When I tell most people I have incorporated Chinese cupping into my rehabilitation program, I can sense that they are somewhat incredulous. After all, I am such a seemingly logical person who makes decisions based on scientific evidence, why on earth would I engage in something that many overlook since it stems from the negative connotations of “alternative medicine”. However, just because something is not used as a form of treatment in typical western medicine practices today, does not mean it isn’t effective. Historically speaking, everyone from the ancient Chinese and the ancient Greeks (including Hippocrates) used cupping in attempts to fix internal disease and structural problems. Nowadays cupping has made a comeback in places such as massage and acupuncture, and even sports rehabilitation for injuries. I have personally seen it be utilized to help prevent knee injuries in MMA fighters (knee injuries tend to be quite common in all sports, not just MMA).
While typical myofascial releases (ie: foam rollers, lacrosse balls on trigger points) targets compression, cupping is essentially myofascial decompression. Think of it as inverted myofasical release. It helps aid in releasing the restrictive tissue that results in sub-optimal compensation by stretching out the fascia. It also increases blood flow as well as helps with mobility and flexibility. Over time, when coupled with compression myofasical releases and corrective exercise it can help provide pain relief. I like to use cupping as a precursor to (compression) myofascial release a couple of times a week since it penetrates the superficial layers and sends blood flow to the region which helps promote more of a release to the restrictive tissue.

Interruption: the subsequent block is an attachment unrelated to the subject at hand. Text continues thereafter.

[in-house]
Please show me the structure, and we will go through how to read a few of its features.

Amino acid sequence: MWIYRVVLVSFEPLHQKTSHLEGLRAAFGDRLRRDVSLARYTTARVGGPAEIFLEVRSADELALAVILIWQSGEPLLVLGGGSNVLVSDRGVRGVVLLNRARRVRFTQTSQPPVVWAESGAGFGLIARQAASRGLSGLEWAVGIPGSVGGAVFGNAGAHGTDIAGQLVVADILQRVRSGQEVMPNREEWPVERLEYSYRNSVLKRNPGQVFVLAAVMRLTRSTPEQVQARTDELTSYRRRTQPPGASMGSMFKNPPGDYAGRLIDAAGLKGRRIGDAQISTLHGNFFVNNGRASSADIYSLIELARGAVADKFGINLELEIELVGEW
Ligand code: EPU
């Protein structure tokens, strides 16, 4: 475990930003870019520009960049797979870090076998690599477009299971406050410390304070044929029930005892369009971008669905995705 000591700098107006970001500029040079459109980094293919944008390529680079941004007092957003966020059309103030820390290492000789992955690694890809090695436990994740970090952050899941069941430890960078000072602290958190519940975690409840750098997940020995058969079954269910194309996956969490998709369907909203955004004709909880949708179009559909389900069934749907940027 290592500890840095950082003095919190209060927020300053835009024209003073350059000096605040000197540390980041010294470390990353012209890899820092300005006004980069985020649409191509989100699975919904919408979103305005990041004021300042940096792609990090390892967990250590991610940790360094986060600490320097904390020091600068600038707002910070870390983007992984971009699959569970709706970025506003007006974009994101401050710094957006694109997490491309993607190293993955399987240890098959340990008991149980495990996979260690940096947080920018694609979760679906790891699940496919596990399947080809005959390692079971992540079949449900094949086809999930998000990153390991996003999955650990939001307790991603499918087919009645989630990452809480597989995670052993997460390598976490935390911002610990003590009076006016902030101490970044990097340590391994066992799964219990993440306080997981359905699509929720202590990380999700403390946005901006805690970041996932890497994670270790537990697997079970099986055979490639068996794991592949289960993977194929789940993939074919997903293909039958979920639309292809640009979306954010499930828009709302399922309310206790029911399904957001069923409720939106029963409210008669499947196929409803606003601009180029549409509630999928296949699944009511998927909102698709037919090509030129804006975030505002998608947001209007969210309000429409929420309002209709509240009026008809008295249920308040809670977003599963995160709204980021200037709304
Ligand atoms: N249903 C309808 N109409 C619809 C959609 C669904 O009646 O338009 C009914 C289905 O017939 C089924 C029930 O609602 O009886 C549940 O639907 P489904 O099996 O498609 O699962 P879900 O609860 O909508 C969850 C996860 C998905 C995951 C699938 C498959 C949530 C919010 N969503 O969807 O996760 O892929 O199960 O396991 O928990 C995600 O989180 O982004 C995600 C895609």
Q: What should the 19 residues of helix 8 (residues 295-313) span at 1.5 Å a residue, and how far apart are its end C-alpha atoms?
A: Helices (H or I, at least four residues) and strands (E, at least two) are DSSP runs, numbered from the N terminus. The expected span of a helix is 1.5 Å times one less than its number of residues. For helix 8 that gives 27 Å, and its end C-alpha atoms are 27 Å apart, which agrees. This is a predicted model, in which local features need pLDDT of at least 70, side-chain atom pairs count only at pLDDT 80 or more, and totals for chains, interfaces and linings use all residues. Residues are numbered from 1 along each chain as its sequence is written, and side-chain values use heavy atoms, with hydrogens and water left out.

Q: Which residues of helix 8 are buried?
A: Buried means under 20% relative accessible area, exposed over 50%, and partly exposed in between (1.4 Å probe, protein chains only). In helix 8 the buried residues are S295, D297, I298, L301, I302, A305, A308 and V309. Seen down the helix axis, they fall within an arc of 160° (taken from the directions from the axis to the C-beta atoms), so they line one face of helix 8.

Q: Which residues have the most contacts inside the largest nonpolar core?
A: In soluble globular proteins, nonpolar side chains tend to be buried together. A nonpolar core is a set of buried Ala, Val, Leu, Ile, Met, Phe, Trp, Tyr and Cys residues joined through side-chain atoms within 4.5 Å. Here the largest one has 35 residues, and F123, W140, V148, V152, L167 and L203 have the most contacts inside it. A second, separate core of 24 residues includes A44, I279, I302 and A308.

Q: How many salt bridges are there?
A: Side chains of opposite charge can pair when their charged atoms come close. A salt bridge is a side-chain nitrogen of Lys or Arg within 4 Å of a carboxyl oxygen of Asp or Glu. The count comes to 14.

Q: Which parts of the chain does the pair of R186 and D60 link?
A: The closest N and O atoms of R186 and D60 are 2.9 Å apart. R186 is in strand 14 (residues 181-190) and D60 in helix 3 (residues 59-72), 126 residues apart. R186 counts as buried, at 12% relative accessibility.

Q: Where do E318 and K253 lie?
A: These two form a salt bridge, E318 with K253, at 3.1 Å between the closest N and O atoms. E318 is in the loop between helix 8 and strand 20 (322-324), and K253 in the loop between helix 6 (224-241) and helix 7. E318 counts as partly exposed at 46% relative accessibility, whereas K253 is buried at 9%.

OTHER NOTES: Bruising does occur for many people. I remember doing this at the gym and one of the guys was like “Why are you giving yourself hickeys, can’t you find a nice young man to do that for you?” HAHAH 😛 I would be aware of that before experimenting with cupping, in case you are having an important business meeting or something and don’t want people to make the wrong assumptions. I wouldn’t use cupping if you’re anemic, pregnant, or have cardiovascular diseases. I’m not a doctor just someone documenting their experiences. So if you have any abnormal conditions and want to take up cupping I would recommend asking your doctor if it’s okay before trying it and seeing a licensed acupuncturist who has expertise in that field.
I believe that if something is has positive effects, it should be added to my arsenal, regardless if it is an ancient therapeutic method, or a new revolutionary technique. If it provides value, it’s worthwhile. And I have felt the positive effects from cupping so that’s why continue to do it. Since cupping my lower back pain has reduced, and the upper trapezius pain I felt when doing Muay Thai sparring has significantly diminished. ALSO ladies, cupping is also shown to reduce cellulite, which is perfect for swimsuit season. Since a cupping set runs around $25 on Amazon, I’d say it’s a worthwhile investment! In terms of our injury rehab we should implement techniques that work, rather than just blindly doing what everyone else does….that’s living intentionally not habitually 🙂